The digital world is shaking. Mobile SEO rankings are crumbling. Sites are sliding into internet hell, aka page 2 of Google search results. Not even Star Wars offers a ‘new hope’ for redemption from #popupdoomsday.
OK OK, so we’re being a bit dramatic. At least for now...!
Google’s algorithm update affecting mobile SEO rankings is barely over 24 hours old and the effects are still unknown. We did predict that this update wouldn’t cause issues as serious as Panda or Penguin. Yet, we didn’t want to risk our clients suffering hits to their rankings that we could have helped prevent. Development of our mobile-first Portal proved a much-needed solution for Google’s 2017 algorithm update.
Many blogs and digital marketers contributed their thoughts (Moz, HubSpot, GSQi, Practical Ecommerce, SERoundtable), including our partners (Oracle, Blue Acorn, Bronto). The industry has been buzzing with serious concern for any marketer who ignored Google’s fair warning.
We sit at our computers waiting for any signs of change, asking ourselves: Will this update be worth discussing months from now?
There’s currently no data available to help us answer that question, so, for now, we look to two of Glenn Gabe’s articles on GSQi that offer speculation on potential update impacts. The articles break down results he saw from when Google first tested this update randomly in November and again in December 2016.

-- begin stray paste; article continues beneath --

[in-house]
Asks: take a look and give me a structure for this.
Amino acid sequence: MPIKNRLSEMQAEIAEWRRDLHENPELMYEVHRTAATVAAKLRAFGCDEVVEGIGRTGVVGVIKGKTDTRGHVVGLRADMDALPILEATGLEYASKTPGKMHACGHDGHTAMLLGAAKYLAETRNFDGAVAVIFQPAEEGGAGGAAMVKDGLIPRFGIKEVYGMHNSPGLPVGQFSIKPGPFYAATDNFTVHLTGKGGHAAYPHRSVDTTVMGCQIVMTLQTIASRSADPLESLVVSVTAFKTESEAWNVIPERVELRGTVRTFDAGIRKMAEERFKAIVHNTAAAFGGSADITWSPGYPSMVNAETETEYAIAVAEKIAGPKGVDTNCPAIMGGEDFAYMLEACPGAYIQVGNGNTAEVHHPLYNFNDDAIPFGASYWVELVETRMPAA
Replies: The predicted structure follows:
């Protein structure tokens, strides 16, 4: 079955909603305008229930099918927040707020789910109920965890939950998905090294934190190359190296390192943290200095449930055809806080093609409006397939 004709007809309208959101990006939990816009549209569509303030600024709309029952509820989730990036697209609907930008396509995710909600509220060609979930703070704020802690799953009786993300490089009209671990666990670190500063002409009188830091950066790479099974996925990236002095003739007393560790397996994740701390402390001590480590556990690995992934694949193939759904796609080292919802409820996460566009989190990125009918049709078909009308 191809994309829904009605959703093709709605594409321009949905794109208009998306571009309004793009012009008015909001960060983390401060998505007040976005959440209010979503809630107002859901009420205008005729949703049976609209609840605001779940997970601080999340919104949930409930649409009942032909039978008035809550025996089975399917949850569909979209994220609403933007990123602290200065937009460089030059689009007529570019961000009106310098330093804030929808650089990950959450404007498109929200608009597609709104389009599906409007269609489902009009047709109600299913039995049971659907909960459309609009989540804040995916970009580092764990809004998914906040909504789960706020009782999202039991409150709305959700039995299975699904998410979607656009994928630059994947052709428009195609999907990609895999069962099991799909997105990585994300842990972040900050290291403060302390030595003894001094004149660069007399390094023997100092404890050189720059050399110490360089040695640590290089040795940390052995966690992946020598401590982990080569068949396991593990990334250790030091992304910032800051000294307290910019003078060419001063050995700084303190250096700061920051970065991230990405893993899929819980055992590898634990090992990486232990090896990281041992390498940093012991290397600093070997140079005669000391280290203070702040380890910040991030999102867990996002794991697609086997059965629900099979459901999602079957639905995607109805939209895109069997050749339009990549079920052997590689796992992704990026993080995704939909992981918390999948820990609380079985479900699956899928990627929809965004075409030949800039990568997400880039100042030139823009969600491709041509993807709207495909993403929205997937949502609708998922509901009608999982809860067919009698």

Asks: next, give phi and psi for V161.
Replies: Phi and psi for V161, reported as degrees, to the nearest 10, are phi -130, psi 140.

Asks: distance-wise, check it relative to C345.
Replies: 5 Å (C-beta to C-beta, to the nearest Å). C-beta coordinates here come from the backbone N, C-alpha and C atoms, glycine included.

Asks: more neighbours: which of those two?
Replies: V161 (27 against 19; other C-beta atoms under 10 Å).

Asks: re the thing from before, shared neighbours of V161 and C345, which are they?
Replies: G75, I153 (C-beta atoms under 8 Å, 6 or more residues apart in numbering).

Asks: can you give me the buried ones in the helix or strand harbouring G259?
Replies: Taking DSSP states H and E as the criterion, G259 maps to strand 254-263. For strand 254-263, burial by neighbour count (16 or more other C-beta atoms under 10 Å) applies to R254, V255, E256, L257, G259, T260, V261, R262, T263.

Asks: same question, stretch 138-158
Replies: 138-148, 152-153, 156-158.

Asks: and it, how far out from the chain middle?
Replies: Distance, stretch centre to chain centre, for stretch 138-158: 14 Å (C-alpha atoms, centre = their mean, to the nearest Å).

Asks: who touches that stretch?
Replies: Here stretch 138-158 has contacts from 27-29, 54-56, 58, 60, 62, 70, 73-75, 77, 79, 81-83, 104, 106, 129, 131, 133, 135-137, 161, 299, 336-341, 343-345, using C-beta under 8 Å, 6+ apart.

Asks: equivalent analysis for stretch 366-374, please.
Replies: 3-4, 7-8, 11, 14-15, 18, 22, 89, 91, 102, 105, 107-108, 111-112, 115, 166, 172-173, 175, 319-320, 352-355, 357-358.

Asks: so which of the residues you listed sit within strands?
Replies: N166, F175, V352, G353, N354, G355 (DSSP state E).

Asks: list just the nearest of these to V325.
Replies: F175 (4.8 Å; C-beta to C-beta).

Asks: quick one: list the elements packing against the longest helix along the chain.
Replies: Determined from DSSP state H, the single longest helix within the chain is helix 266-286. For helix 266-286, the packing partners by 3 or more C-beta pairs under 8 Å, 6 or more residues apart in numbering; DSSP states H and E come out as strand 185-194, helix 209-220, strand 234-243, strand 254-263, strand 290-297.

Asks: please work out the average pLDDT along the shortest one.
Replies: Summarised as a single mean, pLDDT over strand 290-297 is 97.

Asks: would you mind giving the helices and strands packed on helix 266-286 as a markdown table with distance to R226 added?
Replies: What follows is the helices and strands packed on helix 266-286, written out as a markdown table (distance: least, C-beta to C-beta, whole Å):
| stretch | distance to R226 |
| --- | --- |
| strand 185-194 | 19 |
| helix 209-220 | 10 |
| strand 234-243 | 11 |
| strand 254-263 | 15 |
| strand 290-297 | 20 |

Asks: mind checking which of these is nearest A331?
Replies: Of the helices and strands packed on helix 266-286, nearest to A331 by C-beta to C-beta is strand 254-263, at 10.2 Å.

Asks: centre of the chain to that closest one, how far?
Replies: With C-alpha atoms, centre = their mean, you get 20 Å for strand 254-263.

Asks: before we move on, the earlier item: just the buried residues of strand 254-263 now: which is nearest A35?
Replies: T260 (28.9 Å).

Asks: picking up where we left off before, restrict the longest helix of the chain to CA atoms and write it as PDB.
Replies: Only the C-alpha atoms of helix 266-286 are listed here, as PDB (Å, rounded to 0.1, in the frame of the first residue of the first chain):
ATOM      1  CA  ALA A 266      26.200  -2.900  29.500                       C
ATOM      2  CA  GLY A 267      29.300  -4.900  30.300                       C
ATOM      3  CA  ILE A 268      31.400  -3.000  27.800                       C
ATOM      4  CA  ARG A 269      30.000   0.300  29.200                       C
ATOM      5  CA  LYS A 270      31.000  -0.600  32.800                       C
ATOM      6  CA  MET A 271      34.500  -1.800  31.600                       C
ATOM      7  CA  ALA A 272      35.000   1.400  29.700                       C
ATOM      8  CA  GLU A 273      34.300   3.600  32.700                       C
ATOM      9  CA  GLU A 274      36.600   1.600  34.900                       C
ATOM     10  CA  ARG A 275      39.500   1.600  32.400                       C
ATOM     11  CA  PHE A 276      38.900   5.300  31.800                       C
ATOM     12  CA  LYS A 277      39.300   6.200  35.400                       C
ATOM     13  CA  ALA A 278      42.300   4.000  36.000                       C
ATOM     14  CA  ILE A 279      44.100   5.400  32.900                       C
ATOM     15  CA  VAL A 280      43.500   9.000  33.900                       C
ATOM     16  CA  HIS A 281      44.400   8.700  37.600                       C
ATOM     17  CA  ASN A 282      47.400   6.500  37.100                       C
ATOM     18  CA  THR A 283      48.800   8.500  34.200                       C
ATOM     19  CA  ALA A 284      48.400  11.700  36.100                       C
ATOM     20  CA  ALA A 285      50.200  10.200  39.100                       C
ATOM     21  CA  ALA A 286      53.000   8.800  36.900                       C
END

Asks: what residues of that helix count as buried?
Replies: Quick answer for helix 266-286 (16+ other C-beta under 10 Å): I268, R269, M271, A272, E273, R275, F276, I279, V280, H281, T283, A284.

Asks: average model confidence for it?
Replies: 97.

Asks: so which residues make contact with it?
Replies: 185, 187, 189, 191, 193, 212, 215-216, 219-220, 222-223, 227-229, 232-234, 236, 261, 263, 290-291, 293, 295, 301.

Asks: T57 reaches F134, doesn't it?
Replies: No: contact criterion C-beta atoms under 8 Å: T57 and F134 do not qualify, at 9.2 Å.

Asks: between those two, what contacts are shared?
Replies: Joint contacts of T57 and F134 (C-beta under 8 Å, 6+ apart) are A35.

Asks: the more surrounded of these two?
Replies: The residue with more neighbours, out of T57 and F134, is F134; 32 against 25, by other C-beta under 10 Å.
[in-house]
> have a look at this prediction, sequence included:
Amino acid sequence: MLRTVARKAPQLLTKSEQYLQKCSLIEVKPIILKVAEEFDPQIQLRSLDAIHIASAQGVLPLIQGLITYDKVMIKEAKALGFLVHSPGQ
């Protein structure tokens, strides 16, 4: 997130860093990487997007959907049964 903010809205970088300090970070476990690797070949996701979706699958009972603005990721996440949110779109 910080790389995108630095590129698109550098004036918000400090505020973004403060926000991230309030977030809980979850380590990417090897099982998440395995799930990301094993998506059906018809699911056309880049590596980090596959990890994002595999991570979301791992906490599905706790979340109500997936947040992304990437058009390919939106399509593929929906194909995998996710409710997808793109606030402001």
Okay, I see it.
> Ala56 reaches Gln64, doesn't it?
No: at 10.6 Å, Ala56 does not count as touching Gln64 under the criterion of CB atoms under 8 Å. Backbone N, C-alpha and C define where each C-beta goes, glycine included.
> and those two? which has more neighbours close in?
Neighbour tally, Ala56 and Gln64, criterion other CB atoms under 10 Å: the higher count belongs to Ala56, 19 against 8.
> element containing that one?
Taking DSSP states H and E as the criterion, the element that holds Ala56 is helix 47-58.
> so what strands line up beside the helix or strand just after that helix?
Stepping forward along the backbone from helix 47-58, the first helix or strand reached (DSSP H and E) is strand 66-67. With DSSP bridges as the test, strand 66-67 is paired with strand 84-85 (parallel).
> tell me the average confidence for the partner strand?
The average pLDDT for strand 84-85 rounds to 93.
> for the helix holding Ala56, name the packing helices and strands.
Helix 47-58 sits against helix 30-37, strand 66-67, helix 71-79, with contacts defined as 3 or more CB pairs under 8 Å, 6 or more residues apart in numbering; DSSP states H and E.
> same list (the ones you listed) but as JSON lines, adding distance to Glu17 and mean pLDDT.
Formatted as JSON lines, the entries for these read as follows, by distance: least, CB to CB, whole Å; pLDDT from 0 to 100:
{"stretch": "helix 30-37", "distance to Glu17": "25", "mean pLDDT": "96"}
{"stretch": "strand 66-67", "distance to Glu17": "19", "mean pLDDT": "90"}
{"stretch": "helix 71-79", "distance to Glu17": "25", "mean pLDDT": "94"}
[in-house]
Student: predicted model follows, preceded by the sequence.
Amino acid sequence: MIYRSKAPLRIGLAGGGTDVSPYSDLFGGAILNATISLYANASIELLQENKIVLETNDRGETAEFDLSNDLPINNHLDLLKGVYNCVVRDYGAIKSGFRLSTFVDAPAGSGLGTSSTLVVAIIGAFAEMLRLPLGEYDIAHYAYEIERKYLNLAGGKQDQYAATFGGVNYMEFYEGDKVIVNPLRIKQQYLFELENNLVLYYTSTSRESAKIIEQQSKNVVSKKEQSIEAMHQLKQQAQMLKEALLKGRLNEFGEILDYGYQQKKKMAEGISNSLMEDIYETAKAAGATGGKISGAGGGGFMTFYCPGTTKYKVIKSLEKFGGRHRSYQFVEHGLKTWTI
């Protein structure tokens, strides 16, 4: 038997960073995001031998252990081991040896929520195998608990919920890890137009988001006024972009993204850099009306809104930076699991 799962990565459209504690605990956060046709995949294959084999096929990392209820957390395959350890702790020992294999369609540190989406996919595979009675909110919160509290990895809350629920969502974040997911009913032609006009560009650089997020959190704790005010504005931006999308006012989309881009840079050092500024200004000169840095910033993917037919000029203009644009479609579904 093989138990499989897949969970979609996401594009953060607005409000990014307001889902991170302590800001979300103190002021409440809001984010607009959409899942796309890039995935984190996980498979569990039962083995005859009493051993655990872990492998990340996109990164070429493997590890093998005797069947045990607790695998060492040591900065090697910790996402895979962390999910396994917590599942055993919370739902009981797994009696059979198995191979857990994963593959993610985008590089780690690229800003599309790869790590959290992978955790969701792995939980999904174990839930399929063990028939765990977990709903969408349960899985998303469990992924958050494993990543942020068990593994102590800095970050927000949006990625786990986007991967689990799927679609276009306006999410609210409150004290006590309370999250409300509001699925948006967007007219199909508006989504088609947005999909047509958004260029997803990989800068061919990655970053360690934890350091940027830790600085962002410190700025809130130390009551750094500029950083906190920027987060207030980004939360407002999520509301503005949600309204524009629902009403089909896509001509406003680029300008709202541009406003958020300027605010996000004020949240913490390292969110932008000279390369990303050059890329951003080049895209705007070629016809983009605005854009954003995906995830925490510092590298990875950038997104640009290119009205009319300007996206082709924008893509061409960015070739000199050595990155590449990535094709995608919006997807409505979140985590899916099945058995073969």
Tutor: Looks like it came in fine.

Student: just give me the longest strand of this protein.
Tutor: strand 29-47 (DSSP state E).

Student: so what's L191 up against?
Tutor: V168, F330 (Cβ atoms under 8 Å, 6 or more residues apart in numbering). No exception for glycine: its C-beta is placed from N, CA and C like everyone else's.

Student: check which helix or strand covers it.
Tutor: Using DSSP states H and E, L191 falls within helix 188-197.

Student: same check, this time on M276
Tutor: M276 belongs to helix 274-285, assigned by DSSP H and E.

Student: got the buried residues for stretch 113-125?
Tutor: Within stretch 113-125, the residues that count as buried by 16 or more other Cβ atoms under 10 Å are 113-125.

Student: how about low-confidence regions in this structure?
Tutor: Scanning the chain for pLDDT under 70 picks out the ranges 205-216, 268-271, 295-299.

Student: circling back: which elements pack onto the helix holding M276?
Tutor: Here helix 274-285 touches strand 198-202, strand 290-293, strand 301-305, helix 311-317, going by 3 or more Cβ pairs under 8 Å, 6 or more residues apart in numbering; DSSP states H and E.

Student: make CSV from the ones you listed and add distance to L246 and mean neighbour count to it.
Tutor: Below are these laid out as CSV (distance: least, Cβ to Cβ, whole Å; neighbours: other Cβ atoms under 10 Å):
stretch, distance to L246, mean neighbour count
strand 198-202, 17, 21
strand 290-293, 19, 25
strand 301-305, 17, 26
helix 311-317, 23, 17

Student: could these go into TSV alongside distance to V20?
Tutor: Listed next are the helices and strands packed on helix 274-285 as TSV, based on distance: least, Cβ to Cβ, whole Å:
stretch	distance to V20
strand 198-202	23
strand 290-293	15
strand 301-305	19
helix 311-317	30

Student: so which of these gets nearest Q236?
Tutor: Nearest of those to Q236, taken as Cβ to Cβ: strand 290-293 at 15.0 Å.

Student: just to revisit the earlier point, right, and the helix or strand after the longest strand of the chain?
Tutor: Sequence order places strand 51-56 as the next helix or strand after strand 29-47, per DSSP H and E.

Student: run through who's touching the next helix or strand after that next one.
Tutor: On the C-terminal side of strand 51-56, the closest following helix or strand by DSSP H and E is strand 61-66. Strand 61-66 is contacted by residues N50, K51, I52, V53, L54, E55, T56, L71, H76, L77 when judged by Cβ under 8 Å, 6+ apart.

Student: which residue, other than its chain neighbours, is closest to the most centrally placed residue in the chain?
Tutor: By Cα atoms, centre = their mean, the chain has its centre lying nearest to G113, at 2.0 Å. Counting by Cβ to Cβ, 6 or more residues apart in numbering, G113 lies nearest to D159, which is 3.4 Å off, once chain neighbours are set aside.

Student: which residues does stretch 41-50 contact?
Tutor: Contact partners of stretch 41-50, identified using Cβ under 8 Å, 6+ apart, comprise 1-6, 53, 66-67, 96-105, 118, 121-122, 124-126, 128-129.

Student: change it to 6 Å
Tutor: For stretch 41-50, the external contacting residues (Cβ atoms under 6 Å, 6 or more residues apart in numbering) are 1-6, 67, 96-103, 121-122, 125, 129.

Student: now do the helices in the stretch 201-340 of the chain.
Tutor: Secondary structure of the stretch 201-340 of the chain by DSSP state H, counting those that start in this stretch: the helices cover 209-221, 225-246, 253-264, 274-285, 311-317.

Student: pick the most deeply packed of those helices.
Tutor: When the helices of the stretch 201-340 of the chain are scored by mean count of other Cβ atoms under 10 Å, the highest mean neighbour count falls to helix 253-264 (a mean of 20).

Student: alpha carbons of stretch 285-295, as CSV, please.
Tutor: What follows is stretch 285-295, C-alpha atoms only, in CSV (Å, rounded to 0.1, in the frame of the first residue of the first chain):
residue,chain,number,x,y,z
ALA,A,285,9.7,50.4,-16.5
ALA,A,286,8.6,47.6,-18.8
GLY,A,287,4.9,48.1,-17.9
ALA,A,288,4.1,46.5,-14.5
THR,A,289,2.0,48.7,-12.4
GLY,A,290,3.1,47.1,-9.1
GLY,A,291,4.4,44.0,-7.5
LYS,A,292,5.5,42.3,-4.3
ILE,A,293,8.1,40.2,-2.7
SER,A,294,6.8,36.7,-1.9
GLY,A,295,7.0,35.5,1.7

Gabe’s first article outlines changes he noticed to a few site’s search visibility around 11/10/2016. Using Search Metrics, Gabe noticed that sites whose traffic had been negatively impacted had connections to previous quality updates. On the flip side, strong mobile sites saw a positive impact to traffic.
The majority of sites hit the hardest on 11/10/16 had a lot of mobile issues. Gabe updated his first article stating that on 11/18/16, he saw Google’s impacts reverse and sites recovered. The article’s comments section suggested otherwise. Post rollback period, site owners were still reporting, on average, a 50% decrease in traffic and rankings with no signs of recovery.
Gabe’s second article outlined even more substantial site declines and increases to traffic on 11/30/16 followed by a recovery on 12/13/16. He did mention that not all sites were reverting to “their pre-November levels...Some have stayed at their new levels, while others have surged more or dropped more.” This article supported Gabe’s claim that Google had been testing the mobile-first index.
If the late 2016 updates are reflective of what this update will bring in 2017, the development of Portal as a solution will have been 100% justifiable. Even if there is no connection between testing, our Portal is still an incredible mobile-first product update and strong contribution to the eCommerce ecosystem advancement in mobile-centric marketing.
We’ll be following this change closely, so check back regularly for more updates!
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